Page:Popular Science Monthly Volume 11.djvu/302

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in life, put up with being left behind, although we had the first start, and I have no choice left but to resign myself.

The presence of carbonic acid in the soil and its periodical motion are for the present a bare fact. Other places, with different soils, must be examined under varying circumstances, and for longer periods, before an explanation can be attempted.

The first question which naturally meets us is that about the origin of this gas. It cannot spring from the humus of the surface, because at Munich and Dresden its quantity is smallest in the immediate neighborhood of the surface, where the humus lies, and increases in proportion to the distance thence. As the amount of carbonic acid in the ground-air generally increases the nearer this is to the ground-water, we should be at first sight inclined to assume that it evaporates from it. Is it not a fact that the ground-water which feeds wells and sources contains this gas? And is it not well known that many a well's shaft contains so much carbonic acid as to extinguish a burning candle at the distance of a few feet only from its opening? This assumption, however, is not justified for several reasons, according to the researches and experiments made at Munich: 1. There are two months in the year when the amount contained in the upper stratum, which is at the greatest distance from the ground-water, is larger than in the lower. 2. I have examined simultaneously, at given places, the amount of the gas both in the groundwater and in the ground-air, and have investigated whether, according to the laws of diffusion and absorption, either had a surplus of the gas, and was accordingly in a condition to receive or yield some of it. In every case the amount of carbonic acid in the ground-air was larger by fifty per cent, than in the ground-water, so it is clear that it is the water which receives its carbonic acid from the air, and not vice versa.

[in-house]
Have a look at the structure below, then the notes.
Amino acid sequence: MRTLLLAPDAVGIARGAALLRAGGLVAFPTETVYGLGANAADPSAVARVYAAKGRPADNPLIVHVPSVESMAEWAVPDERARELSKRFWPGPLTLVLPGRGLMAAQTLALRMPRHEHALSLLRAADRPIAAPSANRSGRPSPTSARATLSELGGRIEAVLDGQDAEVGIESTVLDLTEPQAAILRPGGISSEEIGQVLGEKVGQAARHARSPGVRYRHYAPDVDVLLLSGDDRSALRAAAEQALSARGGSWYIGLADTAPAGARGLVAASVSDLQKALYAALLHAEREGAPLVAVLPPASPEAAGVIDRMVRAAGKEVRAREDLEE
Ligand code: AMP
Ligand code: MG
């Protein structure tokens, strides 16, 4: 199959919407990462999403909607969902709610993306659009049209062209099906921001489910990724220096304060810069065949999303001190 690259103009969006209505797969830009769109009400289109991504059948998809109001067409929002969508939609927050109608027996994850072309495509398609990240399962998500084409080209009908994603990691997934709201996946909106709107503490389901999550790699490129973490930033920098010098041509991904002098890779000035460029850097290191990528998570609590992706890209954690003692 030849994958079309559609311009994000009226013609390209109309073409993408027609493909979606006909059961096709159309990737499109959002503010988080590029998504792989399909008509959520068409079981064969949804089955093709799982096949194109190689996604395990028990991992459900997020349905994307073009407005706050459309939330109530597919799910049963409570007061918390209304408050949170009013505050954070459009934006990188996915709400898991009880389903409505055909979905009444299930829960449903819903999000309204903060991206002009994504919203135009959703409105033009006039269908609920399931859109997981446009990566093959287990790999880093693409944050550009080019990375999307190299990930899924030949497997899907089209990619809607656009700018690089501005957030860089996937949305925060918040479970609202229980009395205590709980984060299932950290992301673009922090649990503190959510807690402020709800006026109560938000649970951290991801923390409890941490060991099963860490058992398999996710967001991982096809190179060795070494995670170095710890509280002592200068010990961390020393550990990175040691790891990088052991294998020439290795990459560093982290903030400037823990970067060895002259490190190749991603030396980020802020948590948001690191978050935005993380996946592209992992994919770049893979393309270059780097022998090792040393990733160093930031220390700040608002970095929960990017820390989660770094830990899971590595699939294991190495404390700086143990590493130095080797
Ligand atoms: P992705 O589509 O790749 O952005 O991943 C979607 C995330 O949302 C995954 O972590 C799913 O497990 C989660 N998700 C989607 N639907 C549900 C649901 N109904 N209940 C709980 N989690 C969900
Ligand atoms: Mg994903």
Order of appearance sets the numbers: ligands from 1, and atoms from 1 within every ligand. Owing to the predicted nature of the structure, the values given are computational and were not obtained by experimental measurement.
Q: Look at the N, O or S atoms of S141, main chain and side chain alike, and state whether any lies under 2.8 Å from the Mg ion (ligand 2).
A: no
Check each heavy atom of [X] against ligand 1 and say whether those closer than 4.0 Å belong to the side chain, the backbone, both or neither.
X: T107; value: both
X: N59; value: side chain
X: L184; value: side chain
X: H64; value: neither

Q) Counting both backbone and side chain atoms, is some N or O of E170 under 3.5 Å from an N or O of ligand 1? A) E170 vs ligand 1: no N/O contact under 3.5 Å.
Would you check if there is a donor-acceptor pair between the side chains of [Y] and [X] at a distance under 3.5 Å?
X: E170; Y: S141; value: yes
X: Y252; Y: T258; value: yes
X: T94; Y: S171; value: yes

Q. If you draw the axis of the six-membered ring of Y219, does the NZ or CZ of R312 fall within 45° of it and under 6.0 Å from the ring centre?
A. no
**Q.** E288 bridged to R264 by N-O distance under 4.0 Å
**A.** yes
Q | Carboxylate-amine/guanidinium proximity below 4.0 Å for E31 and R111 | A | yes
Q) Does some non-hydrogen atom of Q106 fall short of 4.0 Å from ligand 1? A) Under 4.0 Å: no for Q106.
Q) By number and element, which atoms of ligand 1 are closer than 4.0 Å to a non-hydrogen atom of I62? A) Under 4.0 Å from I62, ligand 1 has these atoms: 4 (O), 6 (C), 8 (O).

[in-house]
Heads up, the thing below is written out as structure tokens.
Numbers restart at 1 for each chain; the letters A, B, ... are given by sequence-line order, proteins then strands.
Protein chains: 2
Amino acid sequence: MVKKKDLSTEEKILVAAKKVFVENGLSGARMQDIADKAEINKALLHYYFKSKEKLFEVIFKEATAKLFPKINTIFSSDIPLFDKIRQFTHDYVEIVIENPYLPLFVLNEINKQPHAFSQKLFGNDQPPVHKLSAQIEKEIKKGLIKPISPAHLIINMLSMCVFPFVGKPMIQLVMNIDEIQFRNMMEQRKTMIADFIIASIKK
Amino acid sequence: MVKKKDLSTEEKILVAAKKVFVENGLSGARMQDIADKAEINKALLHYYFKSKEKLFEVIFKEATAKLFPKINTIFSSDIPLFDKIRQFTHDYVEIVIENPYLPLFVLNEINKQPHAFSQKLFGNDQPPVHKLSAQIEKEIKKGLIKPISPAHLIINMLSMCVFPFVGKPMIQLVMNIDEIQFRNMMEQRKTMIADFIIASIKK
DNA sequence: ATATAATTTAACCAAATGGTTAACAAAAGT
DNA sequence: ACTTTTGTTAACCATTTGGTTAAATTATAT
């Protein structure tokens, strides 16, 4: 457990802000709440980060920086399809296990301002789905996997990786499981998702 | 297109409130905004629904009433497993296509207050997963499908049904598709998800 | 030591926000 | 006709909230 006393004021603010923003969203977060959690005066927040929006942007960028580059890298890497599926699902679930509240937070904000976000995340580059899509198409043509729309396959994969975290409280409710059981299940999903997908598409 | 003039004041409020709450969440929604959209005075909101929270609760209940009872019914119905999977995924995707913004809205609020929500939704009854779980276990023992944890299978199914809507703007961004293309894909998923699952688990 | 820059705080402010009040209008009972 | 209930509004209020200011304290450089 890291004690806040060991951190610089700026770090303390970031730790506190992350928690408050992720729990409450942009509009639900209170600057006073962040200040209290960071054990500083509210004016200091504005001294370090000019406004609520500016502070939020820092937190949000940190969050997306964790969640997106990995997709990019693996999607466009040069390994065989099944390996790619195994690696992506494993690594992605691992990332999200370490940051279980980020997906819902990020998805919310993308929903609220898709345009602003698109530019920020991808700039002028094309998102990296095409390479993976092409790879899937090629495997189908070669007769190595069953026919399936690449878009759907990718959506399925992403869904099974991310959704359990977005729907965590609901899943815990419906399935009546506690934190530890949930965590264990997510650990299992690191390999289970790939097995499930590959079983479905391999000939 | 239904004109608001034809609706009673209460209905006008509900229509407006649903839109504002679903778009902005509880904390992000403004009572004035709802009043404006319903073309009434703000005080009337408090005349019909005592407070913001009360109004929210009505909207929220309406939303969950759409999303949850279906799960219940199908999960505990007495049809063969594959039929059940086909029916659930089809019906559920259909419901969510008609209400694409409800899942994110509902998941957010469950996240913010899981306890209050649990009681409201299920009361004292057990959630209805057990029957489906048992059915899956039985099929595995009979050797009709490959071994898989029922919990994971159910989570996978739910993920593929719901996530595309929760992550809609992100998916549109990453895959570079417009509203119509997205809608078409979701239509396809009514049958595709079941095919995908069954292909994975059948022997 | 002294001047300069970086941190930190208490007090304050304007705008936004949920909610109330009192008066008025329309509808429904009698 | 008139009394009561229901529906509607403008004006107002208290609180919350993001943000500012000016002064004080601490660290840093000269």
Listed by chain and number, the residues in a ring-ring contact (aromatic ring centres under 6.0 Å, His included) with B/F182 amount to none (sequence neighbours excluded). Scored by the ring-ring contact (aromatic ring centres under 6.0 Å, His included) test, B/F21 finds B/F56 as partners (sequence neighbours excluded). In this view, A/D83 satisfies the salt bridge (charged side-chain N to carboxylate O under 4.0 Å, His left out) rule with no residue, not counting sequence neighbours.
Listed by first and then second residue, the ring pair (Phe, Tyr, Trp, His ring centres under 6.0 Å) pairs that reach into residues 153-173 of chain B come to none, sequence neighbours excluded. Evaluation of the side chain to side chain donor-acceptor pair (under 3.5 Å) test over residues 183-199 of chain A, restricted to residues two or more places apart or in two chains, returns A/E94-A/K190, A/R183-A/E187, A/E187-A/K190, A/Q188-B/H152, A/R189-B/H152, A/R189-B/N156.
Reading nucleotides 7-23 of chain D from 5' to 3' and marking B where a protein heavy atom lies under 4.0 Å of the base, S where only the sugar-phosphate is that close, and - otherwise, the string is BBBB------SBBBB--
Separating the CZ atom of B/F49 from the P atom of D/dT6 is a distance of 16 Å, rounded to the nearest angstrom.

Hereby the question about the origin of the gas is certainly not yet answered, and would have been left equally unsettled if we had to ask, Whence comes all the carbonic acid which is found in the groundwater? All this water is precipitated from the atmosphere, from rain or snow. In entering the soil as meteoric water its amount of carbonic acid is exceedingly small. By help of Bunsen's analytical tables it is easy to calculate, from the quantity of carbonic acid in the atmosphere, and the absorbing power of water for this gas, that one pint of rain-water at the average temperature and barometrical pressure can only contain a very small fraction of a grain of carbonic acid, and this has been proved further by analytical experience. But the analysis of the pump-water in Munich which was poorest in carbonic acid showed that it contained on an average 112 to 1910 grain of the free gas. The ground-water at the places of examination stands about sixteen feet from the surface. It is therefore evident that the meteoric water, which is the sole source of the ground-water, must more than centuple